As a regular listener of the excellent The Anfield Wrap podcasts (and seriously, check out The Tuesday Review), it’s very clear to me what is currently bothering host Neil Atkinson; Liverpool aren’t creating enough chances, and Liverpool aren’t scoring enough goals.
This obviously seems strange and unusual when they scored 101 (mostly great) goals in 2013/14, but it’s certainly the case right now. One of the many things I keep an eye on is how many points and goals both for and against Liverpool have accrued over their previous thirty-eight league games, and a recent TAW-inspired look at the figures hammered home what Neil is talking about.
You can of course slice data any way you like; for instance, people and the media often refer to a team’s form over their last six games (though I’m not sure why six; why not five?). I like to look at the last thirty-eight simply because a team will have played a good variety of teams, both home and away, and any lucky or unlucky results don’t have too much impact. I don’t claim that this method is right necessarily, it’s just something I noticed.
Brendan Rodgers has now had a total of sixty-nine runs of thirty-eight league games with Liverpool. The 2012/13 season is obviously the first one of these, and then you remove the first game of that season and replace it with the opening match of 2013/14 to make up the second run, and so on.
Using the running totals for goals scored, goals conceded and points earned, I was able to plot the following graph:
The main line to take notice of here is the orange one, as it shows that goalscoring has seen the largest variation, but also that it is currently at it’s lowest point and very much on a downward trajectory; if Liverpool don’t score two against Arsenal at the Emirates (and most teams don’t) in their next game then it will drop further still.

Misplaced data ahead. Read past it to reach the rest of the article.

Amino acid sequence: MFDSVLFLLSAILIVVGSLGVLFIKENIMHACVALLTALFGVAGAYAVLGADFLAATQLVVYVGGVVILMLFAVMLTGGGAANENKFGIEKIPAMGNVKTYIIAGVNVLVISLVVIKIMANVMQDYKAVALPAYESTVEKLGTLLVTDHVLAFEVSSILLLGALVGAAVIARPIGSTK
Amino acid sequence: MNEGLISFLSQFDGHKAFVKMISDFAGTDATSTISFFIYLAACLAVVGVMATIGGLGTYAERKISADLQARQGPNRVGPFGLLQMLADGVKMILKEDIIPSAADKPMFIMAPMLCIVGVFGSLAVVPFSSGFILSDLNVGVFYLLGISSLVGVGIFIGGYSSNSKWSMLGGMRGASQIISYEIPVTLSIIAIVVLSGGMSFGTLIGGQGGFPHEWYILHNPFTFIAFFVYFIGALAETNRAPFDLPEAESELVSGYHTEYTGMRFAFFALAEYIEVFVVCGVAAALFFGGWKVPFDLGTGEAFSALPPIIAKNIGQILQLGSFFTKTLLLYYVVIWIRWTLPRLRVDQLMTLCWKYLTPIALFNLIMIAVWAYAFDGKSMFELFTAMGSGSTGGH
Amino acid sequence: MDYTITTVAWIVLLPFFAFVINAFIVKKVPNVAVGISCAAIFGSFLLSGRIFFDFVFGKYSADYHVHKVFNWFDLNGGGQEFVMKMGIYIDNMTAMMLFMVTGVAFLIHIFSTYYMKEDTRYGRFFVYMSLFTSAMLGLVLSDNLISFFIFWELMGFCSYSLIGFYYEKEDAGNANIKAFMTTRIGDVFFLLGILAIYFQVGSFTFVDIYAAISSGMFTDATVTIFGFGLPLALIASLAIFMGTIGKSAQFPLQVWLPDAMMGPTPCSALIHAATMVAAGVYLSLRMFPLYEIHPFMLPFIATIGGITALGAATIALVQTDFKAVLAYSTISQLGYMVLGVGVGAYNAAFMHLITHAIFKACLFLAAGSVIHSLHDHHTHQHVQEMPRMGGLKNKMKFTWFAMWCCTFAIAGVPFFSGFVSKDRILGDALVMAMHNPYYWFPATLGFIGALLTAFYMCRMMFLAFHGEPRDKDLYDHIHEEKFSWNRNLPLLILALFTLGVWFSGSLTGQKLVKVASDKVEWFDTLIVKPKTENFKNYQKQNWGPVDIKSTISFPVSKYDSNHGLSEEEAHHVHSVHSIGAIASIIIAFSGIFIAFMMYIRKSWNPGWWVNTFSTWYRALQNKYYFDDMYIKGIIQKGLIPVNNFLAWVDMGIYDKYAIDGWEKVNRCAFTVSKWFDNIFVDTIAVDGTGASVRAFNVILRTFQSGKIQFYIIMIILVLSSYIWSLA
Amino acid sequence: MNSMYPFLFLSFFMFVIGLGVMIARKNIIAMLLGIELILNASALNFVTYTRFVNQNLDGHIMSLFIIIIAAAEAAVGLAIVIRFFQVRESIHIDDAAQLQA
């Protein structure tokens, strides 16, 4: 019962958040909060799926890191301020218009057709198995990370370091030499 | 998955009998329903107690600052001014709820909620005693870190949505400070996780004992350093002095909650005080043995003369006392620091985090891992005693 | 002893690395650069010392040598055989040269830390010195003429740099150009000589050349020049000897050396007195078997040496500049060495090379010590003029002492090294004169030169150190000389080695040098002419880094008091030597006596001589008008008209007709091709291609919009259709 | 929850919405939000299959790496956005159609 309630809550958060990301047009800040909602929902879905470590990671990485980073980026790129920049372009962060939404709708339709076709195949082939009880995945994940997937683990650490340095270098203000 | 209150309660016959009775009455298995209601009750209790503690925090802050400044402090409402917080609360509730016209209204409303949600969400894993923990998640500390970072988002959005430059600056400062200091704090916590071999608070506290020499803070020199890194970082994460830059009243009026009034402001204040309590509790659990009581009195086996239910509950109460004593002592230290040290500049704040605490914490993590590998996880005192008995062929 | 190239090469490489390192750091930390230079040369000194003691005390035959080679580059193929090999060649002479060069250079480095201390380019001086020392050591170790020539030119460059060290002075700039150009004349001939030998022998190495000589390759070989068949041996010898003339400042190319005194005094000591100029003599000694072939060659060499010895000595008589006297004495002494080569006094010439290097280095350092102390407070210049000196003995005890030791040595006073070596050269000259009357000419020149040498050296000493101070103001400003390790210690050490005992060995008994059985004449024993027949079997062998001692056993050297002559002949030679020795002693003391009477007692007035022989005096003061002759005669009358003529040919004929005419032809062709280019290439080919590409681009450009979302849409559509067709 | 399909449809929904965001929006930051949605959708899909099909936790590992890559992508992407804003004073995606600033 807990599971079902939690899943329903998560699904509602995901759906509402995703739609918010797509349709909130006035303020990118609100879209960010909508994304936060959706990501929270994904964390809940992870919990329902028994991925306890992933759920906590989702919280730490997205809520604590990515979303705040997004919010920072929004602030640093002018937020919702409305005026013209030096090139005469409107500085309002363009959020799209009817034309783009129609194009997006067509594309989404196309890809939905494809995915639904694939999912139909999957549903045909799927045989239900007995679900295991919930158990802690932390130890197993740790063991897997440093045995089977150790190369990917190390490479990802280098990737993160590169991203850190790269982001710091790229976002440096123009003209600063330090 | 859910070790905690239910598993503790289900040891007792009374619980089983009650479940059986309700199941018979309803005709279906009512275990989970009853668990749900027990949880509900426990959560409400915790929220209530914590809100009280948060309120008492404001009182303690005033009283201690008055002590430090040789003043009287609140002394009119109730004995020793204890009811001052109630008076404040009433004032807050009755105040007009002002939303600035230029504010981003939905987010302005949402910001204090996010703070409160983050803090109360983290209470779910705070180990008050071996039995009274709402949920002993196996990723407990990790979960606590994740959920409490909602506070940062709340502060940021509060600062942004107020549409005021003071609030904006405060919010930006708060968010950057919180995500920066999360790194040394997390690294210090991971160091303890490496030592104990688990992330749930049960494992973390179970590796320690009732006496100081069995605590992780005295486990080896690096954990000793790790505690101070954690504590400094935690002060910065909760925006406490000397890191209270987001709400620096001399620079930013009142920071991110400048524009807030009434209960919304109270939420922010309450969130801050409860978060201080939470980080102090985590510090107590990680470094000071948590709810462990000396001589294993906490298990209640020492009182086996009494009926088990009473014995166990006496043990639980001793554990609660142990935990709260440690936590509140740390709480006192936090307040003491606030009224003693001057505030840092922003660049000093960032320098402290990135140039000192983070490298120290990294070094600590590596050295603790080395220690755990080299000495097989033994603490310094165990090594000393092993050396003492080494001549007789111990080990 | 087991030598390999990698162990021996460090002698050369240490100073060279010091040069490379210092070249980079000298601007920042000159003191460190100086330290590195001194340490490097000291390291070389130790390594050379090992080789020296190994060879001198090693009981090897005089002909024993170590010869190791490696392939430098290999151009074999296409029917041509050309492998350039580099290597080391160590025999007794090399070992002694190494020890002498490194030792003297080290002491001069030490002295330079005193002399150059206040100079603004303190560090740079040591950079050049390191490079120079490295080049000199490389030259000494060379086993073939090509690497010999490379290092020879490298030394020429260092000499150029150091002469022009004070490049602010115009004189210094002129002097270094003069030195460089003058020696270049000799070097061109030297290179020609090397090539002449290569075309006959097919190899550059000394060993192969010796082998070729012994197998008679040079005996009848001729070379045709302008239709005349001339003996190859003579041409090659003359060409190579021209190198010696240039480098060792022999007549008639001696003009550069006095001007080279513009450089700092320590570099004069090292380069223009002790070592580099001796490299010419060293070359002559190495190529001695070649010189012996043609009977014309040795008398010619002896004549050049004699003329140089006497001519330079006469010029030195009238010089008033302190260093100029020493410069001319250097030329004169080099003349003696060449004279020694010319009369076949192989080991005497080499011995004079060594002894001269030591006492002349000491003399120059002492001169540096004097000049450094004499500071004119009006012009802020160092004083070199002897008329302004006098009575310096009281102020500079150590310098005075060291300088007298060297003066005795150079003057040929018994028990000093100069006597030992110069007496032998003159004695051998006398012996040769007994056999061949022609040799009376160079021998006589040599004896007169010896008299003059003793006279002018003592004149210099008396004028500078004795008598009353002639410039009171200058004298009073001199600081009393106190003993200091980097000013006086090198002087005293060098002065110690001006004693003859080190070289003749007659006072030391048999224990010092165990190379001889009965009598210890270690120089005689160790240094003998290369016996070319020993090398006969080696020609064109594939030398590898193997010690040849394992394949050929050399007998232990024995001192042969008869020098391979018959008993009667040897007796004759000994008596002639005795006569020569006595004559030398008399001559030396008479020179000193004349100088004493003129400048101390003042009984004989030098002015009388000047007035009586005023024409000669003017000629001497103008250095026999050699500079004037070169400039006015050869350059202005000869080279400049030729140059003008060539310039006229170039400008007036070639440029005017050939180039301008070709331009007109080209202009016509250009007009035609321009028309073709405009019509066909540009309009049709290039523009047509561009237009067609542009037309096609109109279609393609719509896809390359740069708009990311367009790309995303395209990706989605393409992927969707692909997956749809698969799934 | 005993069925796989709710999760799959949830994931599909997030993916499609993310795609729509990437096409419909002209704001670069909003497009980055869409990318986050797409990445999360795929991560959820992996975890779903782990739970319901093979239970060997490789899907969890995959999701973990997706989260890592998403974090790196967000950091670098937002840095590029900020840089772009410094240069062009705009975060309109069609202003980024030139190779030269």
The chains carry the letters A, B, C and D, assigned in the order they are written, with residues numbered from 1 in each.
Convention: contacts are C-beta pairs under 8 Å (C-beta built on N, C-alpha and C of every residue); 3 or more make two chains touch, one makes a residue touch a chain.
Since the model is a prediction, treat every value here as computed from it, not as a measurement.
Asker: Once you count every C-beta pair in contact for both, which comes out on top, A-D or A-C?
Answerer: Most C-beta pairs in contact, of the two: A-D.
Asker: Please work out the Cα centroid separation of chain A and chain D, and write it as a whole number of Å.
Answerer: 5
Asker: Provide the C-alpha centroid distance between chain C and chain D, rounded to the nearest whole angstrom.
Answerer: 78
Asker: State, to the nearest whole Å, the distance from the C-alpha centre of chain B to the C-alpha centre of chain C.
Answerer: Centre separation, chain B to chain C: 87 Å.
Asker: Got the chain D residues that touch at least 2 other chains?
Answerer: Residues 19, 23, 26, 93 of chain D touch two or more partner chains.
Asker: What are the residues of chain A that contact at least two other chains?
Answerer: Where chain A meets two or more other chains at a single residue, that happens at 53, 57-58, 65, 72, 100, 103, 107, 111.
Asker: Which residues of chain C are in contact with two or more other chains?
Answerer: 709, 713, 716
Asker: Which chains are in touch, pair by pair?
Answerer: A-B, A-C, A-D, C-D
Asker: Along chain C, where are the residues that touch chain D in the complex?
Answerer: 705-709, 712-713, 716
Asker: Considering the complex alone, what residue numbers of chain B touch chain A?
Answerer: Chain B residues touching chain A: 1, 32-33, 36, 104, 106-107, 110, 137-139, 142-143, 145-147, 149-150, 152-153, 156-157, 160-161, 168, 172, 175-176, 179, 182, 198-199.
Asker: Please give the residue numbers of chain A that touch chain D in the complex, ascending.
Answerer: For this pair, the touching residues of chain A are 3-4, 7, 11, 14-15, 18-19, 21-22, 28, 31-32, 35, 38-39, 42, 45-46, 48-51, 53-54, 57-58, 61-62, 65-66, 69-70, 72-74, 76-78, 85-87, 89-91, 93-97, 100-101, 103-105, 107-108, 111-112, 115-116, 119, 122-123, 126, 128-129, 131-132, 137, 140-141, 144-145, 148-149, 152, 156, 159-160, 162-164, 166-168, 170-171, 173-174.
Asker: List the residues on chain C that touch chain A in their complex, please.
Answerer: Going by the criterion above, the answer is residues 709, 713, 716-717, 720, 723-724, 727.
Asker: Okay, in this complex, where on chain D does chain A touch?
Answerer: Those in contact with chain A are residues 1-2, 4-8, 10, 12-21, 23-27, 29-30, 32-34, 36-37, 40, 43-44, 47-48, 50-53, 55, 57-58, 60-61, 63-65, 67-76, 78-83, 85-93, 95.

The Reds scored goals at an unsustainable rate last season, so a drop in the thirty-eight game form was inevitable in fairness, but as scoring goals is the hardest thing in football, the alarming downturn in form for an extended spell has got to be a serious concern. Liverpool weren’t particularly known for goal scoring in Rodgers’ first season, yet they got more than in their recent runs which include the end of last season.
It’s also interesting to look at the range between best and worst in these categories, plus goal difference too.
Brendan Rodgers deserves a lot of credit for improving Liverpool’s defensive performance in recent times, but over a longer term of thirty-eight games there has rarely been that much difference; ‘only’ half a goal per game between the peak and the trough. In fairness, the Reds haven’t had a thirty-eight game run with a solid defence yet, so they could yet set new records for goals against.
With goalscoring it’s a different story as we already know, and we can also see in the table here that the goal difference is currently at it’s lowest point too. This is a big problem, as goal difference obviously correlates very strongly to how many points a team is likely to earn. In other words, it’s perhaps not as important to improve the defence if it means your own goal threat dries up too, and since the end of last season this has definitely occurred for Liverpool.
Liverpool lost three league games in a row for the first time in the Brendan Rodgers era in November, so I can understand why he wanted to tighten the team up to stop that happening. The attack hasn’t particularly improved since then though, and so the chances of winning games has not hugely improved either. It seems that Rodgers now has yet another tactical puzzle to solve.